Tejae published this book through blurb.com – a site that allows to make bookstore-quality books with the help of their software and publishing resources. The book may be purchased here: http://www.blurb.com/bookstore/detail/1248012

I also want to tell that Tejae put a lot of work into this project, yet she marked up the book only a few bucks above the publishing price ($25 to buy the finished book versus $20 for publishing). The participating artists do not receive any financial rewards from this project.

Sunday, March 28, 2010

Polymer Clay Chameleon:

How do you like these tiny dragons by Becca Golins? Aren't they cute?
Becca just opened her shop at Etsy.com earlier this month. Visit it to see a few more of her works.

Friday, March 26, 2010

The Dragons Weekend
and New Pendants

This weekend, we are going to watch two animated movies about dragons. One is on a DVD - a French animated movie, Chasseurs de dragons (Dragon Hunters), and the other one is “How to Train Your dragon” in 3-D. I just hope the two movies will not mix too much in our heads...

Yesterday, after talking about these plans with my husband and kids, I started to work on a few texture plates I wanted to make for a long time. Suddenly, I realized that one of them looks like dragon scales. After a little tweaking, I came up with these three pendants. Do you like them?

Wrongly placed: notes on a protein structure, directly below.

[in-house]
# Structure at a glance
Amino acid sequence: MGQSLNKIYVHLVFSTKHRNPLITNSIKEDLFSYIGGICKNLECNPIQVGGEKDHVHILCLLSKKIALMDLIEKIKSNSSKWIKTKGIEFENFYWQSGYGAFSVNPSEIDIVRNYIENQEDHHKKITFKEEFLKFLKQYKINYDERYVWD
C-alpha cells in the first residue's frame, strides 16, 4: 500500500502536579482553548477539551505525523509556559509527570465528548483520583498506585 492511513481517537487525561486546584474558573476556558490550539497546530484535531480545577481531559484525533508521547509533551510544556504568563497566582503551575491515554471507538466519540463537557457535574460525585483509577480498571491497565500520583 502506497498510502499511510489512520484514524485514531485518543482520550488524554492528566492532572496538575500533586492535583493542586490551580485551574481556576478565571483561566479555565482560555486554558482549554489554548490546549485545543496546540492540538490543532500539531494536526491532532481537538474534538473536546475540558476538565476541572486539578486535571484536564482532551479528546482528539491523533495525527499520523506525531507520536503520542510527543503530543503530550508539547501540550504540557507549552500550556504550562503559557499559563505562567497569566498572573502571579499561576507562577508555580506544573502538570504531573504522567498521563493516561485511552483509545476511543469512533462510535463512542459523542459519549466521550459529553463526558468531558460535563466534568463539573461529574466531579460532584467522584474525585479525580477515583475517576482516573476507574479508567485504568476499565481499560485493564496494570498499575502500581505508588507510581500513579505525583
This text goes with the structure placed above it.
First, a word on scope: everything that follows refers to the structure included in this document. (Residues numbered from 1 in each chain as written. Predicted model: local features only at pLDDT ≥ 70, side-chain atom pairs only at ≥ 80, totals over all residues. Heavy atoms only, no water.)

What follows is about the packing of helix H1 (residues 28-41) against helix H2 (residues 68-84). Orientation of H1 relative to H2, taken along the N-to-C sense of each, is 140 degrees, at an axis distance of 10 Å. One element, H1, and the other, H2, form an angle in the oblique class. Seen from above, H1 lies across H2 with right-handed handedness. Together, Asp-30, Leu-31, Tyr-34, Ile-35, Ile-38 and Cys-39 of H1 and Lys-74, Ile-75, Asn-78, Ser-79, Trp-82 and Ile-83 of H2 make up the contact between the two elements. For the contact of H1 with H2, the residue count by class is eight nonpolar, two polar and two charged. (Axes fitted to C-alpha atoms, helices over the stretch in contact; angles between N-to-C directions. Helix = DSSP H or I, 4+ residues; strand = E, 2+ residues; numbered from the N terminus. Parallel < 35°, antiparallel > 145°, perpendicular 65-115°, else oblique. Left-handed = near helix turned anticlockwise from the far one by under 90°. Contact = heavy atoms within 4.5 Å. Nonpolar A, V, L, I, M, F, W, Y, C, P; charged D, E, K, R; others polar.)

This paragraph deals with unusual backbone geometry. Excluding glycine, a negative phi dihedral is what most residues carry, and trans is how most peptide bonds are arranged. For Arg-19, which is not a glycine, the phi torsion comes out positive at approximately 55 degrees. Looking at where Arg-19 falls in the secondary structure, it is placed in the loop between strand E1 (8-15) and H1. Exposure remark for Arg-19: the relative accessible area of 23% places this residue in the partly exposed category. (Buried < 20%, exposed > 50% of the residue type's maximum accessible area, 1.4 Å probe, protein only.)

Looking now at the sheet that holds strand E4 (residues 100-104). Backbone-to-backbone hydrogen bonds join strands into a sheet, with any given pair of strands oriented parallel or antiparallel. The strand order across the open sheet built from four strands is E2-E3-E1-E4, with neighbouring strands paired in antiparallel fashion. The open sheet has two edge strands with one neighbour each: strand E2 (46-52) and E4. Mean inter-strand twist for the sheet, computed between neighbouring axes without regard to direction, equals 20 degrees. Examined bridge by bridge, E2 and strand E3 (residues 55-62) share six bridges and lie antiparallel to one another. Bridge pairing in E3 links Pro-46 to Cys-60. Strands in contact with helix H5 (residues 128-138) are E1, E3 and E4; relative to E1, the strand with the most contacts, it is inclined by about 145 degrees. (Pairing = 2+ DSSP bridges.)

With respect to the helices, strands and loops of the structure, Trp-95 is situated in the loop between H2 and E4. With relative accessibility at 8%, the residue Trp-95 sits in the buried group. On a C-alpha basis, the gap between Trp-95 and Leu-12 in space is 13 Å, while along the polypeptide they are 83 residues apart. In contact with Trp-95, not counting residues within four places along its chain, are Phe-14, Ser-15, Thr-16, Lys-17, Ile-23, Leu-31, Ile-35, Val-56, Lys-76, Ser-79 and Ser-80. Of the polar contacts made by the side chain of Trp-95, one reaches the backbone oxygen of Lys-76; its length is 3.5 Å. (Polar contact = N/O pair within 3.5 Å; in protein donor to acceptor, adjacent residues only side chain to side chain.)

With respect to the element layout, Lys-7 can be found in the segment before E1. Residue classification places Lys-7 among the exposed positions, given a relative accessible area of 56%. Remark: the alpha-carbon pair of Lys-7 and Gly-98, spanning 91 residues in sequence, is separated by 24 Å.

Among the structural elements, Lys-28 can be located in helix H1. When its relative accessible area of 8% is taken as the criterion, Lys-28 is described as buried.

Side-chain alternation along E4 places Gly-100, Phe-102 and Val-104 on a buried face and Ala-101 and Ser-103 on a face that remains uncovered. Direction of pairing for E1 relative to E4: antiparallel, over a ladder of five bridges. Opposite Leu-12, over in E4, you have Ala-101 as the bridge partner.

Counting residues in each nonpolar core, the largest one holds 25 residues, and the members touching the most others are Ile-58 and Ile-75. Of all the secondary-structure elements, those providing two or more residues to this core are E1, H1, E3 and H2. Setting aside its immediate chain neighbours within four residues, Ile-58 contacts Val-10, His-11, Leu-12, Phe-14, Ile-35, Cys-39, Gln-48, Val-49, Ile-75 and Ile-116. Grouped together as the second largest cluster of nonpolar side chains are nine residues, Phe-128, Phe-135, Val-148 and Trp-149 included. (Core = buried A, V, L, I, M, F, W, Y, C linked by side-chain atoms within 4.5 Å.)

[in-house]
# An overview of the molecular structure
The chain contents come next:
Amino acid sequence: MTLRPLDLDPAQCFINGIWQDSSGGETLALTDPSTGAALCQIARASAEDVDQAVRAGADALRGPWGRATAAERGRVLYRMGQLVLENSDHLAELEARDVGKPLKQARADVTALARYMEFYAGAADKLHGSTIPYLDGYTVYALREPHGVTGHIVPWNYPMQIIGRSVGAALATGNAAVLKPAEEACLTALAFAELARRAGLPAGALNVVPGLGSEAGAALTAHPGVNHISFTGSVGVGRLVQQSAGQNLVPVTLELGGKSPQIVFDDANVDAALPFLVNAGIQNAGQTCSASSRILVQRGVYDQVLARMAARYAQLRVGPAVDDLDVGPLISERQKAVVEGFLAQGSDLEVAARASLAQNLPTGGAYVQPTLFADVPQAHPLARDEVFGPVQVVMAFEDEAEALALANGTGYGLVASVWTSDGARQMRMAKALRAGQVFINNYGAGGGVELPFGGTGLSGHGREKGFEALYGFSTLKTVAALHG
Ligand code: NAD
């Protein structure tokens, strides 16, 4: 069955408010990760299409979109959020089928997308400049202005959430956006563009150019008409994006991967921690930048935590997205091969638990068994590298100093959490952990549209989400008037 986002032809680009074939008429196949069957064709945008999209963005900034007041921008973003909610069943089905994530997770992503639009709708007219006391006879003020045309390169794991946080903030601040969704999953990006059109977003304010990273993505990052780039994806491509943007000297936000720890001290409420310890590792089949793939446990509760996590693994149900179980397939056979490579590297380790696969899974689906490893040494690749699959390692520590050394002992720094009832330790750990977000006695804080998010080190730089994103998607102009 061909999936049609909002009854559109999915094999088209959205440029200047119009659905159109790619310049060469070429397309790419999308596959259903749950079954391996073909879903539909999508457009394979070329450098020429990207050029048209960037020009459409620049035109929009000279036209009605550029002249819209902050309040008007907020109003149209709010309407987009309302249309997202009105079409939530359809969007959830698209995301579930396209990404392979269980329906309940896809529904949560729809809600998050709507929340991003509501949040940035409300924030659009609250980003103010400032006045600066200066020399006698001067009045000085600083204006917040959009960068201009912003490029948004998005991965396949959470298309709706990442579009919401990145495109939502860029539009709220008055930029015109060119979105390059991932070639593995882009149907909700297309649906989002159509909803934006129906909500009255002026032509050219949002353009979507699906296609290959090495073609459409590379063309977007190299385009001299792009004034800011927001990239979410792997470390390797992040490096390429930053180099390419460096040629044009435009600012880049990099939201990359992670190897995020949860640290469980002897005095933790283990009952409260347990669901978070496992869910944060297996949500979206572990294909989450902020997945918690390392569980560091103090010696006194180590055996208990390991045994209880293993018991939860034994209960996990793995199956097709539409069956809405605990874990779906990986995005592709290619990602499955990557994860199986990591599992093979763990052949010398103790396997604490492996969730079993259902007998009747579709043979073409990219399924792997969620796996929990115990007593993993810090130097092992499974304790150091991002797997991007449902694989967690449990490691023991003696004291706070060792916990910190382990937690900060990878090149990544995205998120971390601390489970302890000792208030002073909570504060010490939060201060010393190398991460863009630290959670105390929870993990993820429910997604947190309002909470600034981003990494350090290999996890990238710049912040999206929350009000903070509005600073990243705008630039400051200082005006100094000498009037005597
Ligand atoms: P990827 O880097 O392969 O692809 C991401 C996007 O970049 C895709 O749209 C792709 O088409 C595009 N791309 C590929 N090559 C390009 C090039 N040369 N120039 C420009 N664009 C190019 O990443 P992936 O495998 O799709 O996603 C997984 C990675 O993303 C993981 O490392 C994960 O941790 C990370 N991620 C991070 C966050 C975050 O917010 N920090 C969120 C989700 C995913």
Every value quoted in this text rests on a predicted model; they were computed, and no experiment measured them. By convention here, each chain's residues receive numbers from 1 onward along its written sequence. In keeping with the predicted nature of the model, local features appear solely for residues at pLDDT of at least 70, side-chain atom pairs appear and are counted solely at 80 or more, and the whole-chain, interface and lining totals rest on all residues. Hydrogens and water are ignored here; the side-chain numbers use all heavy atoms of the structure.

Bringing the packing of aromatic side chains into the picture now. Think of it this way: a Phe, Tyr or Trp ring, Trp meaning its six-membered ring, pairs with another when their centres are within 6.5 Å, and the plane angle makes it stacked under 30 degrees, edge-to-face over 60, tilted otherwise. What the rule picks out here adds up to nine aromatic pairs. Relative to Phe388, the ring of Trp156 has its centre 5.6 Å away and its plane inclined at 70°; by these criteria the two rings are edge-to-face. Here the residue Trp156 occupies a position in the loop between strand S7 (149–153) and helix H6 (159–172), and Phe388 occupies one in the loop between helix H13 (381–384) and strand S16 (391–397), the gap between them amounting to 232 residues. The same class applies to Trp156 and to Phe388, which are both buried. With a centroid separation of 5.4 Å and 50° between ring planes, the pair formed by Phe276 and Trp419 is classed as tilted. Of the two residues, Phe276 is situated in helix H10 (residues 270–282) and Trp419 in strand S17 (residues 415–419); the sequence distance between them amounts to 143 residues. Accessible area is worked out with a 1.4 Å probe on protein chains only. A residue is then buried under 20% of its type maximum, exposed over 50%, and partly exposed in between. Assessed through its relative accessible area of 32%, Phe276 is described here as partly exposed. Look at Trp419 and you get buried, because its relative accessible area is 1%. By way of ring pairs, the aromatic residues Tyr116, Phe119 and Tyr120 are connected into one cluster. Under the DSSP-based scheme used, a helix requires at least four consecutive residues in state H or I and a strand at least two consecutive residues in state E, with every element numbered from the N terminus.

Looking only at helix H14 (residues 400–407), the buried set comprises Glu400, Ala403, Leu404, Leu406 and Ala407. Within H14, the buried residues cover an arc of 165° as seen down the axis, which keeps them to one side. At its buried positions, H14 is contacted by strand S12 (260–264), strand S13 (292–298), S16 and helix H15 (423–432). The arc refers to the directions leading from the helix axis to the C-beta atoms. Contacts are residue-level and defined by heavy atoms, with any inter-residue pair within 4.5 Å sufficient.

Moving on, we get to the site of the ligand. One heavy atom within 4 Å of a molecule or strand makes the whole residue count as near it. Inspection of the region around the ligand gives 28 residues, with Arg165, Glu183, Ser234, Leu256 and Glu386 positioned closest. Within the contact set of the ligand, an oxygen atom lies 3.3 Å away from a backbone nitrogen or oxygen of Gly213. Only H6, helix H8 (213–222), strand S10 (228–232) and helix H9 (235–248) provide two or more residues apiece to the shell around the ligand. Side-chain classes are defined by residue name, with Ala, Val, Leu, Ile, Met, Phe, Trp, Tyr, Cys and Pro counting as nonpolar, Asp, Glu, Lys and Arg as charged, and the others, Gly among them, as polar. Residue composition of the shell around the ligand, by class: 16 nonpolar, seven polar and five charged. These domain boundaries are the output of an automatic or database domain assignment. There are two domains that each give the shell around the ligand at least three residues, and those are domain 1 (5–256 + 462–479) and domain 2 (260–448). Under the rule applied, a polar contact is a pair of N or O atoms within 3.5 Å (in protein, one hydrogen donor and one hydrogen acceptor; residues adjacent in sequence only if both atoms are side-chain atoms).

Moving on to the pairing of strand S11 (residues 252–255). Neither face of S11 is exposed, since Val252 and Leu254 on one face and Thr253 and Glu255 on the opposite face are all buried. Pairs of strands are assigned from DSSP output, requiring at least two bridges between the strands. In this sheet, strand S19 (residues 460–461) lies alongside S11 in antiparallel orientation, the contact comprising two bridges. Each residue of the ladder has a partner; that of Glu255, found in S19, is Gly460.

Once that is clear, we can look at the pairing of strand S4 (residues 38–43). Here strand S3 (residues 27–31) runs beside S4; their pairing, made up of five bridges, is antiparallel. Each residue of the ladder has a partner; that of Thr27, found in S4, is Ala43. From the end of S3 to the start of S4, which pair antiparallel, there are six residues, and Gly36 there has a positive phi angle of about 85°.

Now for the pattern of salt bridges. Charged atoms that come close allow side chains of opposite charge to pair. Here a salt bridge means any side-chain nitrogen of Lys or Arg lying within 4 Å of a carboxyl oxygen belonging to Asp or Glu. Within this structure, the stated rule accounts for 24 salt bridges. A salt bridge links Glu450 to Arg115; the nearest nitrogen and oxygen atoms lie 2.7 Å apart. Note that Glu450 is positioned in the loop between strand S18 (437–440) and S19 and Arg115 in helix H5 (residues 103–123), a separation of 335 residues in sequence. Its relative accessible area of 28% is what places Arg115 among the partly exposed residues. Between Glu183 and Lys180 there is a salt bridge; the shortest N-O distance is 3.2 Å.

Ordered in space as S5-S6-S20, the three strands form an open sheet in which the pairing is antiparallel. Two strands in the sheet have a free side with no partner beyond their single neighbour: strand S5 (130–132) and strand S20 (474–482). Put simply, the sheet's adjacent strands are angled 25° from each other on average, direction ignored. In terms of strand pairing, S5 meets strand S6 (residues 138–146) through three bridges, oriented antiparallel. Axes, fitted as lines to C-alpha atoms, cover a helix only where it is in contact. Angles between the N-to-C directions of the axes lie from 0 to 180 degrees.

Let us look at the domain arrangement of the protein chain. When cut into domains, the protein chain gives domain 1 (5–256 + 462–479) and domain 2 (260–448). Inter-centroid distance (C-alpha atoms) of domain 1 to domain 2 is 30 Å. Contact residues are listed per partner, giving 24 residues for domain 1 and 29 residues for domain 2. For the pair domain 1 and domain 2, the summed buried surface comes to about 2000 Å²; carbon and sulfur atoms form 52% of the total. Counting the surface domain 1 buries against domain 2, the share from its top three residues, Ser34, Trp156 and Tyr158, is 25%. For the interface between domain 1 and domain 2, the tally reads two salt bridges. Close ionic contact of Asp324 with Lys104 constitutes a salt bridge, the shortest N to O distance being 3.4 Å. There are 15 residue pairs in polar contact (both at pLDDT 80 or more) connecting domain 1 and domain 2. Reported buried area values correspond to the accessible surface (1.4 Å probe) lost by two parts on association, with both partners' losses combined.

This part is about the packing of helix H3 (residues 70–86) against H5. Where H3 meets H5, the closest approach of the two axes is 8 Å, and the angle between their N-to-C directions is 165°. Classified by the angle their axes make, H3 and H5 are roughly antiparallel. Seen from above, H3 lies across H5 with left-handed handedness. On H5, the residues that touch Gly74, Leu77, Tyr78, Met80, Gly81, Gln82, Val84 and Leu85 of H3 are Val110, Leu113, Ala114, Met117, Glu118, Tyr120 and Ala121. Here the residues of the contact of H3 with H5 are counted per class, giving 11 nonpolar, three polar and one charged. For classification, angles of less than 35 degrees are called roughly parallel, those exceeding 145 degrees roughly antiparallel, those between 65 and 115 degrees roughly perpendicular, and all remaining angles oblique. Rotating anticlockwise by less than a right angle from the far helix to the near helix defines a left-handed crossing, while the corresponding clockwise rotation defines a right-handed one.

Apparently, it is possible to get inspired by a movie (or two), even before seeing it...

I will be listing these pendants in my Etsy shop over weekend.

Wednesday, March 24, 2010

Tips and Tricks
How to Work With Polymer Clay in Light Colors

This is the subject that appears in various polymer clay forums every so often.

Light colors are challenging to work with mainly because of two issues: dust and color contamination.

Strictly speaking, dust can accumulate on any polymer clay project, no matter what color it is. However, any trapped dust particles are more visible in projects using light colors.

The same is true for color contamination. Whenever your tools, working surface, or hands come in contact with polymer clay, there is a chance that some polymer clay will stick to the surface and than later it may get transferred onto your next project. Again, this is more obvious when switching from working with dark clays to lighter-colored ones.

So, how can you minimize these problems in your work?

Read more

Tuesday, March 23, 2010

Treasury and Tutorial

I just finished my newest tutorial. This one explains how to make two polymer clay daffodil beads I showed you earlier this month.